“Cars 2” Is Up to Speed
Reviewed by Shirrel Rhoades
Thanks, Henry Ford. We’re a nation obsessed by cars. Adults own them for transportation, for status, for the thrill of driving, for the privilege of paying $4 a gallon at the tanks.
Even kids are obsessed with cars from the time they’re buckled into the safety of a car seat to the time that a hormones-raging teenager asks to borrow dad’s car.
In between, youngsters have plenty of toy cars to hold their attention – die-cast Matchbox cars and sturdy Tonka trucks and fast Hot Wheels racers and extra-large Bruder vehicles and Playskool’s playful Chuck My Talking Truck and even Hasbro’s Transformer Chevy that turns into a robotic alien called Bumblebee.
And now we have a return of Disney’s Pixar cars, plastic replicas of those anthropomorphic automobiles from the movie “Cars 2.” This new computer animated comedy adventure is currently revving its engines at the Tropic Cinema.
“Cars 2” is, of course, a sequel to that popular 2006 Pixar film of the same name.
This time around, racecar Lightning McQueen and a tow truck named Mater head abroad to compete in the World Grand Prix, but Mater gets sidetracked with some silly cloak-and-dagger shenanigans.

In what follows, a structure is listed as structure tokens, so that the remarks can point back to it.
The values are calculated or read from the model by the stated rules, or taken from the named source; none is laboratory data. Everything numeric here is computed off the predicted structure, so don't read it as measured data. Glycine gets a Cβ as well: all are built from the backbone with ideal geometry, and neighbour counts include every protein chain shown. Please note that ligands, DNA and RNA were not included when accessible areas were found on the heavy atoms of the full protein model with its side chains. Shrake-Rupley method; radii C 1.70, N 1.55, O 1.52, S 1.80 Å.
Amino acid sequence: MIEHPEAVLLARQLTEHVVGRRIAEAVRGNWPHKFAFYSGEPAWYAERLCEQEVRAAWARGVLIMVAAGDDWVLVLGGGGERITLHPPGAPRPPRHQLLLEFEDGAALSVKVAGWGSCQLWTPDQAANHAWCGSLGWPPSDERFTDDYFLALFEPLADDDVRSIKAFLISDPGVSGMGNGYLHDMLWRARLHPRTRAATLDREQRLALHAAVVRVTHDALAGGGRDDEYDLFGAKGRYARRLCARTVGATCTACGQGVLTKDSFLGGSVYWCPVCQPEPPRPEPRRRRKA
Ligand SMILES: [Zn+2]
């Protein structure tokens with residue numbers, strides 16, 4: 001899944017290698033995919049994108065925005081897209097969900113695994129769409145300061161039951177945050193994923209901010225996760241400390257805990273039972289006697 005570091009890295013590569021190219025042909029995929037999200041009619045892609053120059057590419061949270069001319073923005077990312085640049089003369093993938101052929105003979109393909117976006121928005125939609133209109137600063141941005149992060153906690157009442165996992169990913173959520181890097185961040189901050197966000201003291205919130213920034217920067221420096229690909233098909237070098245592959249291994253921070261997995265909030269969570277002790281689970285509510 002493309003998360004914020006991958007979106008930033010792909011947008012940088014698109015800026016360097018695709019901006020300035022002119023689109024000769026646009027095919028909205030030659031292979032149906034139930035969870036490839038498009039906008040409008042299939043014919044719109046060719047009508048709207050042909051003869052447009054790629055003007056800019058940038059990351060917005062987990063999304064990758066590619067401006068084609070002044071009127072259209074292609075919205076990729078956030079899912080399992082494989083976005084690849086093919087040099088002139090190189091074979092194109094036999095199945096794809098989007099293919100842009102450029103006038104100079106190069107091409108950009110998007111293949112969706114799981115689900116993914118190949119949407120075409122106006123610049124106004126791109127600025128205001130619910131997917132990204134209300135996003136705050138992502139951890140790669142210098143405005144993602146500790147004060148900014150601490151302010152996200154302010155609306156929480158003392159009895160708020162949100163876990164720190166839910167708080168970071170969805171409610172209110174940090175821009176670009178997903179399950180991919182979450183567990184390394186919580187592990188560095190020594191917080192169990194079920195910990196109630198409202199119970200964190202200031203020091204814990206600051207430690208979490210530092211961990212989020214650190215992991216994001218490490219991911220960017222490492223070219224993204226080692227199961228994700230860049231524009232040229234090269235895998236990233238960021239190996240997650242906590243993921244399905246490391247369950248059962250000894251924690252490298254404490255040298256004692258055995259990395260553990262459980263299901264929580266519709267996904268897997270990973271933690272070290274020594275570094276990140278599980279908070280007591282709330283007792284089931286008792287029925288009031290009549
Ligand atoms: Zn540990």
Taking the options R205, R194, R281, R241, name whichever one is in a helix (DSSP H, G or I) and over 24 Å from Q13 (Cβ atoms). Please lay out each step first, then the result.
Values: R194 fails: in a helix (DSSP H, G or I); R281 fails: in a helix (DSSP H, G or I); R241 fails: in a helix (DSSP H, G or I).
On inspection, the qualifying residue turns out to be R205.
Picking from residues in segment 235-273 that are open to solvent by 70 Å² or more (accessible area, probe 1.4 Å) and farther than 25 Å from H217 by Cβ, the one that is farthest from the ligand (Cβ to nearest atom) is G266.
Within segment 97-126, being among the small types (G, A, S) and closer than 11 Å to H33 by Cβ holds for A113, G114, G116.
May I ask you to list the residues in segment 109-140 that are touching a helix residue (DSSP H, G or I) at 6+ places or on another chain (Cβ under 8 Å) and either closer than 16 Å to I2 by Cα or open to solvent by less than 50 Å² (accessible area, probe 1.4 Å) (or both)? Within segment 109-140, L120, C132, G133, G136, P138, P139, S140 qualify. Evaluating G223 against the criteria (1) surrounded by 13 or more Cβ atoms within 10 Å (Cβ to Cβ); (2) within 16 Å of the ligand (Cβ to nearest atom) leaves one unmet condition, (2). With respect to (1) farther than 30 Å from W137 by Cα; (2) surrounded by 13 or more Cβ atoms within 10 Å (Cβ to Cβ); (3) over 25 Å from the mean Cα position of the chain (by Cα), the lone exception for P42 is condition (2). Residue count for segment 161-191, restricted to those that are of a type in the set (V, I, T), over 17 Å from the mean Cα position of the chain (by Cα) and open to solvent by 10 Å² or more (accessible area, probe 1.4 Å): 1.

Owen Wilson (you just saw him in the new Woody Allen film) provides the voice of Lightning McQueen. And Larry the Cable Guy (Daniel Lawrence Whitney) speaks for the tow truck.
Pixar began in 1979 as part of the Computer Division at LucasFilm before then-ousted Apple co-founder Steve Jobs acquired it in 1986. The Walt Disney Company bought Pixar in 2006 at a valuation of $7.4 billion, making Jobs the largest shareholder in Disney.
And considering that Disney bought Marvel Entertainment for $4 billion a couple years ago, you could stretch the point and say Jobs “owns” the comic book company and all those superhero movies. So with “Thor,” “X-Men: First Class,” “Pirates of the Caribbean,” and now “Cars 2,” you might say Steve Jobs owns the summer’s movie screens.
“Cars 2” should be a big hit with the kiddy set.
But it makes me wonder, if cars and movies are such a popular combination, whatever happened to drive-in movies?
[from Solares Hill)